Moving from an apartment into a home with a lawn brings all kinds of new possibilities. You could grow a vegetable garden or put in new flower beds. You could even plant a tree. But one thing you’ll definitely need to do is buy a lawn mower to keep your grass in shape.
But what kind of lawn mower do you need? Will a push lawn mower be enough, or should you go for a self-propelled model? Is your lawn big enough to require a riding mower, and if so, what kind – a rear engine mower, a lawn tractor, or a zero-turn model? Read on to learn everything you need to know about choosing a lawn mower for your needs.
The Bigger the Lawn, the Bigger the Mower
The more lawn you have, the more lawn mower you’re going to need to keep up. Sure, you can cut an acre of grass with a push mower, but you’re going to be out there all day, and a small lawn mower probably won’t see its normal lifespan if it’s doing that much work.
In general, gasoline- and battery-powered push lawn mowers are best for lawns of a quarter-acre or smaller in size. For a lawn that’s significantly smaller than a quarter of an acre, a battery-powered mower is the most efficient, eco-friendly option – and the quietest and easiest to maintain. If your lawn is closer to a quarter of an acre than not, you may want to go ahead and get a self-propelled gas mower.
Technically, you could handle a lawn up to half an acre in size with a self-propelled lawn mower. However, that’s a lot of grass to cut, and it could take several hours to cut it with any kind of walk-behind model, because you can only walk so fast. Add long grass conditions or rough terrain, and your grass cutting time gets longer.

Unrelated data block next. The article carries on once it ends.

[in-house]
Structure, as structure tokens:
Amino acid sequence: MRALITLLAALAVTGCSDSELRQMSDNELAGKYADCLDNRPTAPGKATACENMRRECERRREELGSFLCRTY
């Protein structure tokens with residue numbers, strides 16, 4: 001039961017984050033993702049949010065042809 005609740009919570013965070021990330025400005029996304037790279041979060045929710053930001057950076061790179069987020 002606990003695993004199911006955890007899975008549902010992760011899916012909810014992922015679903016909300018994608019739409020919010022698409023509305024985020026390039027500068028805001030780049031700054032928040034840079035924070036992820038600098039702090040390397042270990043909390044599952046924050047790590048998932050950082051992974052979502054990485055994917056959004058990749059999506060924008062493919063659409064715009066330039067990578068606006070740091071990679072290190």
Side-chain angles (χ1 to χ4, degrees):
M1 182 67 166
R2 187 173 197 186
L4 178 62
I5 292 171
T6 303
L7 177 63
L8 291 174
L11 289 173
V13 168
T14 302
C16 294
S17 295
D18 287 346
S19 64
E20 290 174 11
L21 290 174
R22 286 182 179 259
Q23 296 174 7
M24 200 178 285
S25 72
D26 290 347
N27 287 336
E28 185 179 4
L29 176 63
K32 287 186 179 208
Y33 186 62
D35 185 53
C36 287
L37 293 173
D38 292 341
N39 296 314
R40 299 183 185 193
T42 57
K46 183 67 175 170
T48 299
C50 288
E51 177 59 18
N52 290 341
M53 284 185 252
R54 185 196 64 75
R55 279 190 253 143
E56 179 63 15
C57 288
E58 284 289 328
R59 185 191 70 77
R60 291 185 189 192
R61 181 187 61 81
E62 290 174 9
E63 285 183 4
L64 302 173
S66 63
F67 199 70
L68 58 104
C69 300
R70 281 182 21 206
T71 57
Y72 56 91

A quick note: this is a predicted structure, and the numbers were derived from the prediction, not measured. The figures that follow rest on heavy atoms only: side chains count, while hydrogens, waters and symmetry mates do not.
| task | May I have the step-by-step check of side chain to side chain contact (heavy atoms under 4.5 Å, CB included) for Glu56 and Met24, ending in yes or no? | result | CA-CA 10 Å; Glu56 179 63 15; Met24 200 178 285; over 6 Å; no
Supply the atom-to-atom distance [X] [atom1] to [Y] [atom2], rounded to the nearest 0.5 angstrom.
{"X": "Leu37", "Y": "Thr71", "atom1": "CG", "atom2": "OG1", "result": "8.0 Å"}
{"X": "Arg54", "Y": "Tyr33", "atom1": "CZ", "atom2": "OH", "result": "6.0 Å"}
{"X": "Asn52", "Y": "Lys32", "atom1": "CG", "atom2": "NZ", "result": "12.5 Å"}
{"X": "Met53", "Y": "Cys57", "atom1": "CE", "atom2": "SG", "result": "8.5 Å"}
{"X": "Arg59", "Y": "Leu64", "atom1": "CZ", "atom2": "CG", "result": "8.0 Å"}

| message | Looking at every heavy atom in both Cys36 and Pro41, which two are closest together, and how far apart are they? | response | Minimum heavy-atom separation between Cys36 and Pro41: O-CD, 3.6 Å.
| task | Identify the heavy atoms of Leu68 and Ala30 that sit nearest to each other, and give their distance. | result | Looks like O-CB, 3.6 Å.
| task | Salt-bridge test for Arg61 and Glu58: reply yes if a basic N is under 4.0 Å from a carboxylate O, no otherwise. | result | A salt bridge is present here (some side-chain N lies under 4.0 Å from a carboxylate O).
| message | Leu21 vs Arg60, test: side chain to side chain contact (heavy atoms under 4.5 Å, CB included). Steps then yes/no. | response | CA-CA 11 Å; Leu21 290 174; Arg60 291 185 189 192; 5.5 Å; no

To estimate how long it will take to cut your grass, do a mock mow by walking back and forth across the lawn as if you were pushing a mower. Many homeowners would prefer to spend less time mowing, even if it means buying an expensive riding lawn mower – and if you want to keep your grass neatly cut at all times, you need a tool that will make the job easy. For lawns larger than half an acre, you definitely need a riding lawn mower; a rear-engine riding lawn mower will be best for lawns of one-half to a whole acre, while a lawn tractor or a zero-turn mower might be best for lawns larger than an acre, because they tend to have wider mowing decks and can therefore cut more grass in a single swathe.
Get Something that Can Handle the Terrain of Your Yard
If your yard is flat and smooth, you don’t need to worry too much about whether your new lawn mower will be able to handle it. But uneven surfaces and slopes can require more from a mower. Even if you have a smaller lawn of less than a quarter acre, you’ll need a self-propelled walk-behind mower if the lawn has uneven ground or slopes. If you have a yard larger than a quarter of an acre with rough terrain, a lawn tractor may be your best bet. It’s more stable than a zero-turn mower and has the capacity to handle uneven terrain and slopes.
Consider the Obstacles in Your Lawn
Not everyone has a rectangle-shaped lawn. If you have a weirdly shaped lawn, you’re going to need a lawn mower that can handle sharp turns. Most rear-engine mowers have a pretty tight turning radius these days, or you can go all out and get a zero-turn mower. These models are able to turn on a dime, by stopping one back wheel and turning with the other. If you have a lawn with a lot of trees, flower beds, birth baths, koi ponds, or other obstacles in it, a zero-turn mower can help you cut around them proficiently and with ease.
When you’re shopping for a lawn mower, you need to consider the size of your lawn, the terrain you need to care for, and whether you need a tight turning radius to follow the outline of an oddly shaped lawn or to get around obstacles like trees and flower beds without too much trouble. The right lawn mower will make it so easy to mow your lawn, you’ll look forward to doing it every weekend.